In modern society the design of spaces for play remains lost within a realm of architecture and art, sociology and anthropology, urban design and landscape design. The practice itself of ‘designing for play’ holds a rich, yet often forgotten history of public-place design experimentation. Through the late 20th century, with the rising implementation of motorways, playgrounds became a static fixture of masterplanning concepts; a tick box exercise for housing schemes. Fenced off, scattered with mass produced plastic furnitures, and a ground surface covering of bouncy rubber EPDM, playgrounds have acquired a reputation as an unimaginative space, segregated off to the public realm. The severe lack of integration of play spaces and play furniture’s within the streets and public realm has impacted the child and their own integration into the urban environ-ment greatly. I believe that through this the child is neglected by the city, and therefore lacks the autonomy, empowerment, ownership active citizens should have.
According to a recent population study in 2019, “nearly four out of ten Glaswegian children live in the 10% most deprived areas of Scotland.” By understanding the population sizes, built environment conditions and local facilities within these districts of high youth populations, it will become clear that redirecting the design of urban spaces to put a greater focus on the child as the user may aid the recovery and regeneration of these neighbourhoods.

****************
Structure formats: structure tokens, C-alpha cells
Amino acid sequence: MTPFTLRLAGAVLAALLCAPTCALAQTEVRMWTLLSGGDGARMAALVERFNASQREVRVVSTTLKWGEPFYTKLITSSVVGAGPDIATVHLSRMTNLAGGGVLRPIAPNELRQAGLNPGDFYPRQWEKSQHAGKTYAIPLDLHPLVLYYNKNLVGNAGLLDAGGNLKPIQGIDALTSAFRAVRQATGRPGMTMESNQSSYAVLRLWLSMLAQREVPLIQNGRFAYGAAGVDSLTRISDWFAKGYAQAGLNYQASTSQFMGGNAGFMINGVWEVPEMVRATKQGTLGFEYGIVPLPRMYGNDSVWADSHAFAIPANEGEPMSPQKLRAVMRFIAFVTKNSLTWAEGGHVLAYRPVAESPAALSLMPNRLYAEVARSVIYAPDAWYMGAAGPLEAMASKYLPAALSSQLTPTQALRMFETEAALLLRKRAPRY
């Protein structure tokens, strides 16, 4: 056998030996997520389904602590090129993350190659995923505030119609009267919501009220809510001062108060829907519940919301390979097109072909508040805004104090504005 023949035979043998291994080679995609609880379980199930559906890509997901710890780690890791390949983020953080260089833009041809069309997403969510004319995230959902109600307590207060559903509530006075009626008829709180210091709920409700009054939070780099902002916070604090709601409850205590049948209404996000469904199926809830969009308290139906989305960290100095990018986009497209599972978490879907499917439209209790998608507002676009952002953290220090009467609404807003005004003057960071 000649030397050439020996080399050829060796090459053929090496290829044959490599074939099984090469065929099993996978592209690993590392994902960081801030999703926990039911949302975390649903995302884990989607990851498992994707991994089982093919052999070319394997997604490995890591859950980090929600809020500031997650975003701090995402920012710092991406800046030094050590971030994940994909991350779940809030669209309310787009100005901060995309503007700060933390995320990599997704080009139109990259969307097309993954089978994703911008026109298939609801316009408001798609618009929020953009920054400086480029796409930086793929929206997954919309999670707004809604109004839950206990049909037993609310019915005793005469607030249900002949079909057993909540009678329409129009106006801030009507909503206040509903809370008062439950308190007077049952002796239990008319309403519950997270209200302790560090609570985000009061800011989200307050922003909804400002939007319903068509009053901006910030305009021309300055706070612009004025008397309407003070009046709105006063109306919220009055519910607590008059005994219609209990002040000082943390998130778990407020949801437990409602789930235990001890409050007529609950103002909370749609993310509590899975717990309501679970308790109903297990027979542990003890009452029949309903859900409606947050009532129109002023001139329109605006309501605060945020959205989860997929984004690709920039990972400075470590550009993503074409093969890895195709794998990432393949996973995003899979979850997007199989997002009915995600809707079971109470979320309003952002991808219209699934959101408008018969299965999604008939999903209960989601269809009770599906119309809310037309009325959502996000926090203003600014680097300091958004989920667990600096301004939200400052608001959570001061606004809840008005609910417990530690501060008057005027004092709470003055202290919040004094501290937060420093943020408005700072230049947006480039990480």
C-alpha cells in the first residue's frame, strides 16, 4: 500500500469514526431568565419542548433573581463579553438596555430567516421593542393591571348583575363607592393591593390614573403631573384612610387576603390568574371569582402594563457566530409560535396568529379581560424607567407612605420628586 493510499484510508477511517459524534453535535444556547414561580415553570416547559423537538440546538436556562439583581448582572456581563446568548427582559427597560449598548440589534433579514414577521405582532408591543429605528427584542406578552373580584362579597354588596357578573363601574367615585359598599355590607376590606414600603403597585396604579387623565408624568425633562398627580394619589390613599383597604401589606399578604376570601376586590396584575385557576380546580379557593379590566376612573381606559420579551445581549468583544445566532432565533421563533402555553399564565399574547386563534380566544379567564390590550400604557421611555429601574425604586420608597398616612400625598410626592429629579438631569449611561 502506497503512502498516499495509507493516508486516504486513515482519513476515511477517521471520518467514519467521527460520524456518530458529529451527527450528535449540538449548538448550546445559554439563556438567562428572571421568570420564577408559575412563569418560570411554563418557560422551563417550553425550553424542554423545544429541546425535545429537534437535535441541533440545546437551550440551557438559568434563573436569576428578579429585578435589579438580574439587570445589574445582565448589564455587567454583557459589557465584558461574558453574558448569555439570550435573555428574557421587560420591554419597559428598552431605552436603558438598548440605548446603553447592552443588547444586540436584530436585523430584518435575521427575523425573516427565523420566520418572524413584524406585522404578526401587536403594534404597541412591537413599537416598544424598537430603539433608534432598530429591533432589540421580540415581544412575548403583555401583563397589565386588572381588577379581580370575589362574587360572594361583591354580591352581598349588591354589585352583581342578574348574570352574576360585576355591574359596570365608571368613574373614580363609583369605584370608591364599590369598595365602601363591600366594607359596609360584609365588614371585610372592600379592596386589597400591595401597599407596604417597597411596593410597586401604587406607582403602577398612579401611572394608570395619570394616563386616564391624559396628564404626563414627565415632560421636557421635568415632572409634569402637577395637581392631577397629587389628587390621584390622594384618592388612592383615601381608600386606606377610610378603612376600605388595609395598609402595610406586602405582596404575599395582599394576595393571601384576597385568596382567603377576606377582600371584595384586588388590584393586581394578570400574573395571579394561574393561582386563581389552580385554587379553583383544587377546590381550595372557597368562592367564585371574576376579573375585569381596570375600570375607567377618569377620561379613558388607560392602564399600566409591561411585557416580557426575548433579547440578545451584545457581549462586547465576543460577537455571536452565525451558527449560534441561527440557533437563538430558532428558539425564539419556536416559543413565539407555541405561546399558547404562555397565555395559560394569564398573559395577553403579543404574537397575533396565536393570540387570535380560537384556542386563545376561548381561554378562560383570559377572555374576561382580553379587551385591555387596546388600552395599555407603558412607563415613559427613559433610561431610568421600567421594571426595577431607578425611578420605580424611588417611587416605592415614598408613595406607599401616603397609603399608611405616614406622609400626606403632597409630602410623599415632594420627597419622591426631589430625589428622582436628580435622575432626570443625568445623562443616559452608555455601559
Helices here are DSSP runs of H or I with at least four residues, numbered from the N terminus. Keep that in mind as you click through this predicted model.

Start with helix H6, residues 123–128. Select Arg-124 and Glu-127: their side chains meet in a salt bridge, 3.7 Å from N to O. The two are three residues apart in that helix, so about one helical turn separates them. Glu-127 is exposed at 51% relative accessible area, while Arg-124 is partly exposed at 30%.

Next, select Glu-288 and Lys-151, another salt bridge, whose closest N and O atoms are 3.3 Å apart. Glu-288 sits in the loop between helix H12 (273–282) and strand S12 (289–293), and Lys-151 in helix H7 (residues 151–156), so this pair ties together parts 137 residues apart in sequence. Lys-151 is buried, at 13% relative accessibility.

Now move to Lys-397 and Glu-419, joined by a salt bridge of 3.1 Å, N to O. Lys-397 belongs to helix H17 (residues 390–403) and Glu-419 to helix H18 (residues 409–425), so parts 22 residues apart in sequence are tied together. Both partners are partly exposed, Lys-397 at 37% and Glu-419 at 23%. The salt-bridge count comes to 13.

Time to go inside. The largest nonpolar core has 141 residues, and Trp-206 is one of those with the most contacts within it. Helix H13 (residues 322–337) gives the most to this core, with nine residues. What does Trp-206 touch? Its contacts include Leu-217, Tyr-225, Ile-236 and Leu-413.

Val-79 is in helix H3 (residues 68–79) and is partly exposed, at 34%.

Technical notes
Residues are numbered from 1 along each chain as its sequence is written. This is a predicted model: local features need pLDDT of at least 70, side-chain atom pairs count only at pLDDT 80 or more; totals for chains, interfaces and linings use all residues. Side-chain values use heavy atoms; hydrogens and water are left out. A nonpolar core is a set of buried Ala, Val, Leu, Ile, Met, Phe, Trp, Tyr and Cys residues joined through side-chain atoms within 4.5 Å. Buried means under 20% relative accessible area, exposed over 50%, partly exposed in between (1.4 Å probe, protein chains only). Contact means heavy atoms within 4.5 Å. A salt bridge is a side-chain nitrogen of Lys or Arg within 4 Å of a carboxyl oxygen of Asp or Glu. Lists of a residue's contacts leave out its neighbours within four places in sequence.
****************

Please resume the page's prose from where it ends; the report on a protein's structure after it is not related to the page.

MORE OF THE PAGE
Through research into both community engaged architecture and successful precedents of spaces for children I have identified three key ideas in regards to creating an engaging architecture: Objects, Environ-ments and Networks. Through both a drawing methodology, as a way of analysis, and modelling research into architectural technology specifics these three ideas have been investigated under the key architectural themes of Scale and Thresholds. It is in this architectural thesis ‘The Child in the City’ that I investigate how an architecture, implemented at a range of scales, may create a deeper sense of place and greater level of autonomy for children living within the city.